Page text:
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apt to engage in talk with every one they meet with, almost to this end ; and when they are disappointed, are ready to wonder that their reasonings seem to make no more impression.
Many fall under such a mistake as to be ready to doubt of their good estate, because there was so much use made of their own reason in the conviction they have received ;. they are afraid that they have no illumination above the natural force of their own faculties : And many make that an objection against the spirituality of their convictions, that it is so easy to see things as they now see them. They have often heard that conversion is a work of mighty power, manifesting to the soul, what no man nor angel can give, such a conviction of; but it seems to them that the things that they see are so plain and easy, and rational that any body can see them: And if they are inquired of, why they never saw so before ; they say, it seems to them it was because they never thought of it. But very often these difficulties are soon removed by those of another nature ; for when God withdraws, they find themselves as it were blind again, they for the present lose their realizing sense of those things that looked so plain to them, and by all that they can do they cannot recover it, till God rénews the influences of his spirit.
Persons after their conversion often speak of things of religion as seeming new to them ; that preaching is a new thing; that it seems to them they never heard preaching before ; that the Bible is a new book : They find there new chapters, new psalms, new histories, because they see them in a new light. Here was a remarkable instance of an aged woman of above seventy years that had spent most of her days under Mr. Stoddard's powerful ministry ; who, reading in the New Testament, concerning Christ's sufferings for sinners, seemed to be surprized and astonished at what she read, as at a thing that was real and very wonderful, but quite new to her, insomuch that at first, before she had time to turn her thoughts, she wondered within herself that she had never heard of it before ; but then immediately recollected herself, and thought that she had often heard of it, and read it, but Vol. III.
never until now saw it as a thing real ; and then cast in het mind, how wonderful this was, that the Son of God should undergo such things for sinners, and how she had spent her time in ungratefully sinning against so good a God, and such a Saviour ; though she was a person, as to what was visible, of a very blameless and inoffensive lise. And she was so overcome by those considerations, that her nature was ready to fail under thein. Those that were about her, and knew not what was the matter, were surprized and thought she was a dying.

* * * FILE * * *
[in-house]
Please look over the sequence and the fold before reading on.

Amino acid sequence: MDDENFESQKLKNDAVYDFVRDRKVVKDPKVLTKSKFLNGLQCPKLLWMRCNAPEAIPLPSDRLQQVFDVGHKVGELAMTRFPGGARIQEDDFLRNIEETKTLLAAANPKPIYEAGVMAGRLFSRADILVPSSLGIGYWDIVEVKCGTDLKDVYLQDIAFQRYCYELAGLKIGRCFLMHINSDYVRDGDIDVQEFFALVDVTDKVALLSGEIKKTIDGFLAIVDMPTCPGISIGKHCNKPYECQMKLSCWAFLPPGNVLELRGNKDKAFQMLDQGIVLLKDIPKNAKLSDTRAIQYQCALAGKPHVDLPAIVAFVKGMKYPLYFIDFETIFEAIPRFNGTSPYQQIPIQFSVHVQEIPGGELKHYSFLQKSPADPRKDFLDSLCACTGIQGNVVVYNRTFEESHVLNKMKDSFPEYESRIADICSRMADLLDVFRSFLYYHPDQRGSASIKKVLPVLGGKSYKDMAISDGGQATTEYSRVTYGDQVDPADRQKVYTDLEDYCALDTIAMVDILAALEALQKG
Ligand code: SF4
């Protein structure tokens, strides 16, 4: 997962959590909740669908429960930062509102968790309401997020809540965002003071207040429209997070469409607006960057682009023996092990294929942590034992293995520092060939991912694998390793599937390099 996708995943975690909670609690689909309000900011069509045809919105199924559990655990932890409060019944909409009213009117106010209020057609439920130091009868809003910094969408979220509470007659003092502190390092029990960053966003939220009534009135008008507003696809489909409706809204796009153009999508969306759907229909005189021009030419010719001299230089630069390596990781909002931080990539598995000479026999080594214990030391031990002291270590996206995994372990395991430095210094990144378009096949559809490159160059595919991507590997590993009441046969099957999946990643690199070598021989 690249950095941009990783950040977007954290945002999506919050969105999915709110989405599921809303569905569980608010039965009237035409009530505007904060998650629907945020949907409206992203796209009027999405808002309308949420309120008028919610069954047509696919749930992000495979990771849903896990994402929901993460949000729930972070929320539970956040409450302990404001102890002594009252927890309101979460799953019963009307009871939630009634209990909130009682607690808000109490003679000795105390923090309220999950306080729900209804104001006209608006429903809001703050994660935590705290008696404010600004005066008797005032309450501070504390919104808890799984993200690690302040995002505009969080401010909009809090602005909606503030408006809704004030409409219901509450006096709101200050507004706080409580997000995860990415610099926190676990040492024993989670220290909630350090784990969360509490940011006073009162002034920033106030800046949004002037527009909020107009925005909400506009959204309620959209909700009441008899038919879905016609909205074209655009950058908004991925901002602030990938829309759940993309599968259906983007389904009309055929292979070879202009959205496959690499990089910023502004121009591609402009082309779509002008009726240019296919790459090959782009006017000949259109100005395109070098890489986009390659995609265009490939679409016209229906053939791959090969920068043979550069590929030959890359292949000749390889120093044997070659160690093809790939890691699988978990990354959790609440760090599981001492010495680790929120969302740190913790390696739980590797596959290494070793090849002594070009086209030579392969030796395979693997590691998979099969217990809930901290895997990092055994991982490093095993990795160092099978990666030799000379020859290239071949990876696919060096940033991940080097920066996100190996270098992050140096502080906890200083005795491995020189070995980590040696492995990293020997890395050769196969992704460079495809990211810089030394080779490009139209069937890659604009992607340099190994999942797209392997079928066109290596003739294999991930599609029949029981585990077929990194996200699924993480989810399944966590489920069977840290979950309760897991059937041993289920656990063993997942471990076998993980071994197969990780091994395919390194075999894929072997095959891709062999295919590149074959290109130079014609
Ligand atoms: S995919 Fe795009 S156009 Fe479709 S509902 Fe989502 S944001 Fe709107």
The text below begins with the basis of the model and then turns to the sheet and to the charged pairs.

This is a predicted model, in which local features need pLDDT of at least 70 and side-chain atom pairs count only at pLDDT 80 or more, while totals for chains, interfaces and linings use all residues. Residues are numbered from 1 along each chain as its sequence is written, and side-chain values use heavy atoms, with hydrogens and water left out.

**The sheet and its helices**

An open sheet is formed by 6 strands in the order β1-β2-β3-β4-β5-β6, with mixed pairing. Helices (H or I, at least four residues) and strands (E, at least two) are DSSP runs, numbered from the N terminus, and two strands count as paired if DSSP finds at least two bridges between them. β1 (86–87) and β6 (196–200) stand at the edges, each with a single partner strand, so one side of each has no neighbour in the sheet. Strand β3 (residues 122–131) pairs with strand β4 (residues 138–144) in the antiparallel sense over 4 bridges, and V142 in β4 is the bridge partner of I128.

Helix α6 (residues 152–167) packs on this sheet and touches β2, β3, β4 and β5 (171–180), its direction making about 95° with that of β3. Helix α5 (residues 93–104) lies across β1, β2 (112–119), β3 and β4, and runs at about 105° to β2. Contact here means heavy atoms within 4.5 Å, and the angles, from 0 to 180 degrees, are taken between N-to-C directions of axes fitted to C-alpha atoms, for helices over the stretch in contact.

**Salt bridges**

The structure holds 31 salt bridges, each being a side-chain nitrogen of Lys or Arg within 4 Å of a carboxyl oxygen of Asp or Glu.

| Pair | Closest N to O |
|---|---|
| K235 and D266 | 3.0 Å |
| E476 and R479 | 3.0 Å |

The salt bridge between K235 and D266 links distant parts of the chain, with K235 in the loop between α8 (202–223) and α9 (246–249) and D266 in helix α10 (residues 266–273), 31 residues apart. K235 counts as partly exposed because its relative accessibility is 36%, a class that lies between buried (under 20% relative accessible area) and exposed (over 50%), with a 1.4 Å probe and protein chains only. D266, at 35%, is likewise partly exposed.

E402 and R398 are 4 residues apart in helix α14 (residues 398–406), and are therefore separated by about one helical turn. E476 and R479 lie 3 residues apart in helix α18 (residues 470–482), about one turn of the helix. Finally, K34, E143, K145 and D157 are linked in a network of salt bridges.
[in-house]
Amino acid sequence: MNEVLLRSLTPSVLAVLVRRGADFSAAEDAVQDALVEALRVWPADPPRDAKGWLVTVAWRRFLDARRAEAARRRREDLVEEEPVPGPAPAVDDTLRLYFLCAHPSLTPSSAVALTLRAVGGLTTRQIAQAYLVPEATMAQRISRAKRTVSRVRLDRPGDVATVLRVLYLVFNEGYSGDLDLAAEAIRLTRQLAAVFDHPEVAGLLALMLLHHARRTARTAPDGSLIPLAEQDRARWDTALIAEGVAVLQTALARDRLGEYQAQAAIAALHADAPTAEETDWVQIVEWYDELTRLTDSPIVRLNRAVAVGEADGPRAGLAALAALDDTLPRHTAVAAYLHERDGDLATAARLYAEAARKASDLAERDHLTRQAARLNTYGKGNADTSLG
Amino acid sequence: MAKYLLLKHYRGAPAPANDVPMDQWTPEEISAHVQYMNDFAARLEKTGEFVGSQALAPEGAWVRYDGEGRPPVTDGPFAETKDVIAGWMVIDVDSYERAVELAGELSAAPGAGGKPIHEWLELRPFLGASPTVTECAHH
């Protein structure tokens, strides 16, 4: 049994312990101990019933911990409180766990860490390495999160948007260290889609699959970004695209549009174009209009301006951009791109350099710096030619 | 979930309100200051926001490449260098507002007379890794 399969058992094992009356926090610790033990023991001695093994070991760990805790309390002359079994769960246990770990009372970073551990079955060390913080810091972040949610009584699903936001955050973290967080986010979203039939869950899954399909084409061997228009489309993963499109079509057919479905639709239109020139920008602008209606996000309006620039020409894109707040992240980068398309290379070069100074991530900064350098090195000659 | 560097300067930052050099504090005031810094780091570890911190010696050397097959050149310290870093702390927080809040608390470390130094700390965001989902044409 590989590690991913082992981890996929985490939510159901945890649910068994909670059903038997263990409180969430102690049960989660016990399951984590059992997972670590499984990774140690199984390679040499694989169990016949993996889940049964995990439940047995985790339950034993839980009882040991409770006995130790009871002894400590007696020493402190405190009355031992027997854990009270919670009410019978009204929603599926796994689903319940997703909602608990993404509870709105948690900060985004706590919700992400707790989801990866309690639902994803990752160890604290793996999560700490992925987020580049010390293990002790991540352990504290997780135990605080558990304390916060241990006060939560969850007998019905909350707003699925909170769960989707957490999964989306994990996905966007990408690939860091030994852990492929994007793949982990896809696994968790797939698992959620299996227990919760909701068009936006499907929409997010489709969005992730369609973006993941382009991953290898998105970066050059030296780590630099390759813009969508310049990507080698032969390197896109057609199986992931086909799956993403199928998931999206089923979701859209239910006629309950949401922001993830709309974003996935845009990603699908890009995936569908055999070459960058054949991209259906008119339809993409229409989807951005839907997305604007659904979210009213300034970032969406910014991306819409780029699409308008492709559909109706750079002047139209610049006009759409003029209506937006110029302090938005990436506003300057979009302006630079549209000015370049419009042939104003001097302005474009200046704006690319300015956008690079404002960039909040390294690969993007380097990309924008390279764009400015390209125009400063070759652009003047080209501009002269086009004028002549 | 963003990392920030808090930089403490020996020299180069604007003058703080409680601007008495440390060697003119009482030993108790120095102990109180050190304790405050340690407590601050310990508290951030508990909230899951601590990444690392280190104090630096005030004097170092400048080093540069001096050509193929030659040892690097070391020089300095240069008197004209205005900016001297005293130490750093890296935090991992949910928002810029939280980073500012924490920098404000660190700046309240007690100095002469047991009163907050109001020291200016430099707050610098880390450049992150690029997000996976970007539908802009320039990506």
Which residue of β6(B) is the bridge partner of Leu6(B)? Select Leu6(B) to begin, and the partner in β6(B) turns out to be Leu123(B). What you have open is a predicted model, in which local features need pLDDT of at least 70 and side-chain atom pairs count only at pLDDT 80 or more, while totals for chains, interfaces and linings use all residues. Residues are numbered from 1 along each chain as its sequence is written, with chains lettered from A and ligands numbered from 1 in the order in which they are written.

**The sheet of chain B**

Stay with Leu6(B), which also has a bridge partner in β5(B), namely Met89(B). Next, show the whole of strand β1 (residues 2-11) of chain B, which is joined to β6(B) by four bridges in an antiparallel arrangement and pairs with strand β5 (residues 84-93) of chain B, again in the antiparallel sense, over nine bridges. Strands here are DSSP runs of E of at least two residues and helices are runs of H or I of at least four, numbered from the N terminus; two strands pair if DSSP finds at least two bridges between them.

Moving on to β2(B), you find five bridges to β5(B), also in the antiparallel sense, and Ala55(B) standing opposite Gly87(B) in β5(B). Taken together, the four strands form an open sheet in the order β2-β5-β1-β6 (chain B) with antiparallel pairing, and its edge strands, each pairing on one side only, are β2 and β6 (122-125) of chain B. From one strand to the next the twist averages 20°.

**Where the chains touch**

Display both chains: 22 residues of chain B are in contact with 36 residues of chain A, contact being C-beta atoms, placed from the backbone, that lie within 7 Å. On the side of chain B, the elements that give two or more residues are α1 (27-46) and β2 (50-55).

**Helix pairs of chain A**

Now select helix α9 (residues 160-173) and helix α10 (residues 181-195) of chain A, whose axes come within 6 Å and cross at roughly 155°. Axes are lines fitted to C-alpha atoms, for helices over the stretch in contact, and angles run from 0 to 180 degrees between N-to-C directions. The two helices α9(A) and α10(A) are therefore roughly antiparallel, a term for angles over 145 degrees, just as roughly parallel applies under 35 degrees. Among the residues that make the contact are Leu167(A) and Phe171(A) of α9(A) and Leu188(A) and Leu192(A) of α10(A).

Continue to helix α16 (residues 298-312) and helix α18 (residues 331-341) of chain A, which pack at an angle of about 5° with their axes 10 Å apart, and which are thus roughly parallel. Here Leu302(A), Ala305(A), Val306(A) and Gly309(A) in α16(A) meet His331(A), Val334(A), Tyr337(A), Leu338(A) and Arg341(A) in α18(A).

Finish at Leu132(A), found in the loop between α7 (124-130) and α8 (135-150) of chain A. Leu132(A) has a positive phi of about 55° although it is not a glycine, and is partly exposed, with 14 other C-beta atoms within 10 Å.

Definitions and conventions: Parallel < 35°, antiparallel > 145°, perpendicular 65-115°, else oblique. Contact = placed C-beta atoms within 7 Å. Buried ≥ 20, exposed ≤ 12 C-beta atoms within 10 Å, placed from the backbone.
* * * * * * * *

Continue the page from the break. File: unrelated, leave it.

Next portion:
Many have spoke much of their hearts being drawn out in love to God and Christ, and their minds being wrapt up in delightful contemplation of the glory and wonderful grace of God, and the excellency and dying love of Jesus Christ, and of their souls going forth in longing desires after God and Chrisť. Several of our young children have expressed much of this, and have manifested a willingness to leave father and mother, and all things in the world, to go to be with Christ. Somc persons have had longing desires after Christ, which have risen to that degree, as to take away their natural strength. Some have been so overcome with a sense of the dying love of Christ, to such poor, wretched, and unworthy creatures, as to weaken the body. Several persons have had so great a sense of the glory of God, and excellency of Christ, that nature and life have seemed almost to sink under it ; and in all probability, if God had shewed them a little more of himself, it would have dissolved their frame.
I have seen some and been in conversation with them in such frames, who have certainly been perfectly sober, and very remote from any thing like enthusiastic wildness ; and have talked, when able to speak of the glory of God's perfections, and the wonderfulness of his grace in Christ, and their own unworthiness, in such a manner that cannot be perfectly expressed after them. Their sense of their exceeding littleness and vileness, and their disposition to abase themselves before God, has appeared to be great in proportion to their light and joy.
Such persons amongst us as have been thus distinguished with the most extraordinary discoveries of God, have com
monly in no wise appeared with the assuming, and selfconceited, and selfsufficient airs of enthusiasts ; but exceedingly the contrary ; and are eminent for a spirit of meekness, modesty, selfdiffidence, and a low opinion of themselves : No persons seem to be so sensible of their need of instruction, and so eager to receive it, as some of them ; nor so ready to think others better than themselves. Those that have been thought to be converted amongst us, have generally manifested a longing to lie low, and in the dust before God; withal complaining of their not being able to lie low enough.